Dan Daufel is a highly skilled caster, angler, and fly tier from Bozeman, Montana. It was my pleasure to have worked with him years ago at Blue Ribbon Flies, along with his twin brother, Doug. Together, they make up Montana Brothers Rodworks, a fly rod company producing what I regard as the finest rods available today. Though Dan and Doug share any number of classic “twin” traits, they do cast with different hands—Dan, left, Doug, right. (I’ve analyzed Doug’s stroke here.)
Dan’s stroke contains elements shared by all great casters: a shoulder pivot, proper elbow movement (up on the backcast, down on the forward cast), rod restricted to one plane through the entire stroke, and efficient sequential movement of the arm. It’s a solid stroke, and therefore no surprise that he can handle any fishing situation, from the easiest to the most difficult. But let’s dig down a little deeper, focusing on Dan’s wrist. Several things are happening that warrant discussion.
First, note the relationship between Dan’s forearm and rod butt at the start of the cast. In a perfect world, those two would be parallel, or very near parallel, with one another. Why? Because that starting position preserves the entire range of motion of the wrist, to be deployed later as necessary during the backcast. In the position Dan assumes, with his wrist already cocked (see the significant angle between rod butt and forearm), he has precious little range left for further wrist movement. This ultimately limits the amount of line speed that he can achieve on his backcast. Certainly not an issue for most trout fishing situations, but one that can be problematic when long casts are required, when casting large, air-resistant flies, or dealing with strong tailwinds. Another consequence of beginning with a cocked wrist is the tendency to throw low backcasts, especially on casts that require a longer stroke. We can see this in the video. As Dan finishes his backcast, his rod is angled quite low to the ground for the length of line he’s casting. Fishing with tall grasses or bushes behind him, he’ll have to be really careful to avoid hanging up.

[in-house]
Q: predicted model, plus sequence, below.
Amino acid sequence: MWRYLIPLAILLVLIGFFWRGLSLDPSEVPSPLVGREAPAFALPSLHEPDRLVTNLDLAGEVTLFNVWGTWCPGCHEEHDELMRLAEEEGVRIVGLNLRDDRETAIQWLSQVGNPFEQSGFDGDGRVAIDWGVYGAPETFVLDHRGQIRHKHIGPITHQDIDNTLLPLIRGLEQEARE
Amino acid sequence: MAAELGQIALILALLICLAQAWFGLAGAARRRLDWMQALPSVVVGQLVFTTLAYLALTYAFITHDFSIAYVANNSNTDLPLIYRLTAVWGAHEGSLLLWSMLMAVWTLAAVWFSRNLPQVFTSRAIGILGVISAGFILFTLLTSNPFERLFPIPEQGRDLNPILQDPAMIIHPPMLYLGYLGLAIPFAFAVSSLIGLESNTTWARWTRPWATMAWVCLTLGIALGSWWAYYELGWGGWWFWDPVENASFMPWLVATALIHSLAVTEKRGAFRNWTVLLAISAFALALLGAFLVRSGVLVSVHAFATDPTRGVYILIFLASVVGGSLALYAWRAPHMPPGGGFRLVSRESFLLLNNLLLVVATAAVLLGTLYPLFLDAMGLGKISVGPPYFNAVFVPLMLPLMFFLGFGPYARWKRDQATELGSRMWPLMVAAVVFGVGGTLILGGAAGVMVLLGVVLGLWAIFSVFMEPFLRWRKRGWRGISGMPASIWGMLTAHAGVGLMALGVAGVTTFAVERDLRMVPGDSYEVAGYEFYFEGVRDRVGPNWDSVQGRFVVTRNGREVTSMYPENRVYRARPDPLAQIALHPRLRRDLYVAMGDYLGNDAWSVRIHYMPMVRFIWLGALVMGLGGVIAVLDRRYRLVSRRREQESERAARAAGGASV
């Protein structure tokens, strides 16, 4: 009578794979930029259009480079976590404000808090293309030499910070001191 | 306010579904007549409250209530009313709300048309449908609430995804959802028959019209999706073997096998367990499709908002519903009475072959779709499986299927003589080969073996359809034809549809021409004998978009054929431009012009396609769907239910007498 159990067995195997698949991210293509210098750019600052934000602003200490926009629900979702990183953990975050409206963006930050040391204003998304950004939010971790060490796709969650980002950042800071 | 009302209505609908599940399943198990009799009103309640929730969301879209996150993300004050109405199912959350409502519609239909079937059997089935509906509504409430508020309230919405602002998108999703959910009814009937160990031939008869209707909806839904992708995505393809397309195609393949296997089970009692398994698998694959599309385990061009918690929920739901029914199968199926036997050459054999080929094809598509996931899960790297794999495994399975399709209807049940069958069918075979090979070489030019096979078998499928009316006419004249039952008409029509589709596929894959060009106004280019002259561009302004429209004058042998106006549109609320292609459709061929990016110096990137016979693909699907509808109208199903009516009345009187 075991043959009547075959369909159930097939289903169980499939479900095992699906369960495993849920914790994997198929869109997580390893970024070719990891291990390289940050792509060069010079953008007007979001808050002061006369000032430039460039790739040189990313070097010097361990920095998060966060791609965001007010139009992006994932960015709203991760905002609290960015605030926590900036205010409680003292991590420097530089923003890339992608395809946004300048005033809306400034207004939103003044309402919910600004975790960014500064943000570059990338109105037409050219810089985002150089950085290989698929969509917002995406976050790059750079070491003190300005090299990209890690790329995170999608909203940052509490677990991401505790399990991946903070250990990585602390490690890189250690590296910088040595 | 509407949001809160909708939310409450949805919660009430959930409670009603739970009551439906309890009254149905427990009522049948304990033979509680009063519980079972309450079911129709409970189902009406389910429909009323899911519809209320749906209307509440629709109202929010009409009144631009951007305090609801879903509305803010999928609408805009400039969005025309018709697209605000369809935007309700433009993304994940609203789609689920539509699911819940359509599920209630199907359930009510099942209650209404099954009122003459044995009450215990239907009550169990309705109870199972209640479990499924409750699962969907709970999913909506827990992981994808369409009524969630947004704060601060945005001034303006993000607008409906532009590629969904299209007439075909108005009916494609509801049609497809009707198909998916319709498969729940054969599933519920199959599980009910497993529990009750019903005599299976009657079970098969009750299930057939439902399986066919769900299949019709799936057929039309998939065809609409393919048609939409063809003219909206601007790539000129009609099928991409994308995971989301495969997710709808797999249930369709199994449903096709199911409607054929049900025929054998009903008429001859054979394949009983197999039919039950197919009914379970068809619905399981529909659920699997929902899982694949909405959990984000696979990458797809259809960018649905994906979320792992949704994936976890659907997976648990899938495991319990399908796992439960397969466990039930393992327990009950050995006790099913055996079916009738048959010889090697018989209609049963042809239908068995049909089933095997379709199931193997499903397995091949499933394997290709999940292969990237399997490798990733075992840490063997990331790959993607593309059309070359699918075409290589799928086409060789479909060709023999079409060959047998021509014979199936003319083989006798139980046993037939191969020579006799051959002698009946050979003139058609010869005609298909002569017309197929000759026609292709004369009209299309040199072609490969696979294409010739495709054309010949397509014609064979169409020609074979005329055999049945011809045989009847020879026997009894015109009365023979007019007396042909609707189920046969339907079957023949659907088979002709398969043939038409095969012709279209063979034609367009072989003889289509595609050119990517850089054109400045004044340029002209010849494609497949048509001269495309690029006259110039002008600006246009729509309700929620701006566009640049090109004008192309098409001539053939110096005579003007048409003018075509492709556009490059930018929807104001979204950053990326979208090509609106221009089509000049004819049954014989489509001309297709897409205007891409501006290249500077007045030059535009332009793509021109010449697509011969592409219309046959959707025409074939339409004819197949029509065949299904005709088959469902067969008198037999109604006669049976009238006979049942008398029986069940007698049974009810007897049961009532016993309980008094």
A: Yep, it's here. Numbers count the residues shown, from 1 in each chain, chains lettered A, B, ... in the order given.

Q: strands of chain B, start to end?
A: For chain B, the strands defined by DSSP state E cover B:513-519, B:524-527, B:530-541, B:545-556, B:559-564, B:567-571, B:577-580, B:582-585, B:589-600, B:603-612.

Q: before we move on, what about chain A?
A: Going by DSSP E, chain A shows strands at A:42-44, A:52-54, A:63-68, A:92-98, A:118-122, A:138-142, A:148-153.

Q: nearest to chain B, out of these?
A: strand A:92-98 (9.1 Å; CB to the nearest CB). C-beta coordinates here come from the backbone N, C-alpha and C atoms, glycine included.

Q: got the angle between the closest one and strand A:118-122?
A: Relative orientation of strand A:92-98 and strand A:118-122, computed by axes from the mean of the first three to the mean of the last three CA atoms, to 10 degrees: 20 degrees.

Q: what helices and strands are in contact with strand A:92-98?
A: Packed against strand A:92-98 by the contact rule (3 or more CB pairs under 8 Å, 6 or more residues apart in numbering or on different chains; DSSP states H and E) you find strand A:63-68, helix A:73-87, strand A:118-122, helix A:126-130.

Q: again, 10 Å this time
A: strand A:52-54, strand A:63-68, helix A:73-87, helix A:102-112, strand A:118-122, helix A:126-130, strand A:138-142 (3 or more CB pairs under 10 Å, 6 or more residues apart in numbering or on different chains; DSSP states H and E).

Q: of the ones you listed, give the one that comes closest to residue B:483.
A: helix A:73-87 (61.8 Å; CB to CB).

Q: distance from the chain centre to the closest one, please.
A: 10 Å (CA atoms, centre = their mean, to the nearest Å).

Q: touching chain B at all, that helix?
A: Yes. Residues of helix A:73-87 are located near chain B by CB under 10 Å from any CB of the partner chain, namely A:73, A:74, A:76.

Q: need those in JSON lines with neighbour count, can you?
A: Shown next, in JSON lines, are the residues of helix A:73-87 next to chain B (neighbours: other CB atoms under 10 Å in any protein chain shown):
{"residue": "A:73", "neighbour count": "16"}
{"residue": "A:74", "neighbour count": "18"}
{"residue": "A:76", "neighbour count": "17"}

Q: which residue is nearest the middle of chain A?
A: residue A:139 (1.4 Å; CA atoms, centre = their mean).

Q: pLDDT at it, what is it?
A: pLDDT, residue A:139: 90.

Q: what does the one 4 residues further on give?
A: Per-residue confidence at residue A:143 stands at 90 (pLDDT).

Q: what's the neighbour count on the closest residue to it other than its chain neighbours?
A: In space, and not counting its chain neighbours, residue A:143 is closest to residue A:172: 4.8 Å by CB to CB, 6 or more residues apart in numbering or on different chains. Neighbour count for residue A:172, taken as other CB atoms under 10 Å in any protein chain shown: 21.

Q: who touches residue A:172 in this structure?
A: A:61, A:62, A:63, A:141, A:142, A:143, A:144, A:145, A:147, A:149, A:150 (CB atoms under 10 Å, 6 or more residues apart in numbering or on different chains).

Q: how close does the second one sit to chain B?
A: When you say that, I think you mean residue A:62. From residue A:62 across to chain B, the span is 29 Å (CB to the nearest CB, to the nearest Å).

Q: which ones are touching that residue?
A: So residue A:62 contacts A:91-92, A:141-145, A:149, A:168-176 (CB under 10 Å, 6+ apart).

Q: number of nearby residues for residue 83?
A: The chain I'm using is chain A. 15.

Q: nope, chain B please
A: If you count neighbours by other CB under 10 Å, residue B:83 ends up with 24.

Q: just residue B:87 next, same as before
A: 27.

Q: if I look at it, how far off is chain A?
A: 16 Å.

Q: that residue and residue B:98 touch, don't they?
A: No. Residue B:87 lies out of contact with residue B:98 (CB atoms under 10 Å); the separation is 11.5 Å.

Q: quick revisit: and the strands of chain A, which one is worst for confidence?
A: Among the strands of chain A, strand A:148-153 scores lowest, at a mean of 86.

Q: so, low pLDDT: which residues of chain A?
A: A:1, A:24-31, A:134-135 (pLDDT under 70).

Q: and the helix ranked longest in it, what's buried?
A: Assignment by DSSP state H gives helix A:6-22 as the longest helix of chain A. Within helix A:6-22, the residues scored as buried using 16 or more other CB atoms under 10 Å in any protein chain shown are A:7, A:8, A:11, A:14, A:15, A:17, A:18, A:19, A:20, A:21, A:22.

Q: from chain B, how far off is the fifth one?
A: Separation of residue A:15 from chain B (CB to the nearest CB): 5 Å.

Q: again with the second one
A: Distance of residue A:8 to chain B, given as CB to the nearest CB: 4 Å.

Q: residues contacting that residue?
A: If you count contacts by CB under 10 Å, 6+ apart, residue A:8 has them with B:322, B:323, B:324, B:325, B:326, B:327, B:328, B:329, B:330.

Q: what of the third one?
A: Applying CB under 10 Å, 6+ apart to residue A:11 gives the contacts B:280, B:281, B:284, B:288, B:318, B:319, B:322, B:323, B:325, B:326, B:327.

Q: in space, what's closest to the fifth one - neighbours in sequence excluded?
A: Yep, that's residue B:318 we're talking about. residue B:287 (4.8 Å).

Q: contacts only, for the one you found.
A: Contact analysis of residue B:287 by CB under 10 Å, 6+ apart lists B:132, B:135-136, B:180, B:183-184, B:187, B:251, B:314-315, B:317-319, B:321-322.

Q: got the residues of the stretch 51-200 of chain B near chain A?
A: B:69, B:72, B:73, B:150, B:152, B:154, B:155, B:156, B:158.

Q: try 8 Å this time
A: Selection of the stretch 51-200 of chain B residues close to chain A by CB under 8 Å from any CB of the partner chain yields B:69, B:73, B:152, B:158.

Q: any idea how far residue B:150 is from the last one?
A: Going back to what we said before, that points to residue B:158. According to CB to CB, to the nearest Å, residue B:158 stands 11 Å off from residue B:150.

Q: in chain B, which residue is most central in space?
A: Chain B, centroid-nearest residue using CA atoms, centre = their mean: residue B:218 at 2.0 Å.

In terms of when to engage the wrist, ideally we bring it to bear in the second half of each stroke. In this way the acceleration it provides becomes additive to the acceleration already achieved in the first half with the larger muscles of the shoulder, upper arm, and forearm. A close look at the video reveals that on the backcast, Dan meters out the use of his wrist through the entirety of the stroke. While not ideal, this move is quite common among excellent casters. And truth be told, the exact ratio by which we divide the acceleration between wrist and arm proves inconsequential in most fishing situations. But if Dan were a competitive distance caster, or fished exclusively in places where distance is paramount, this is absolutely something he’d want to address. Looking now at when Dan uses his wrist on the forward cast, we can see that this is ideal—he saves it until the end of the stroke. Really nice, efficient work, and a move worth aspiring to for all flycasters.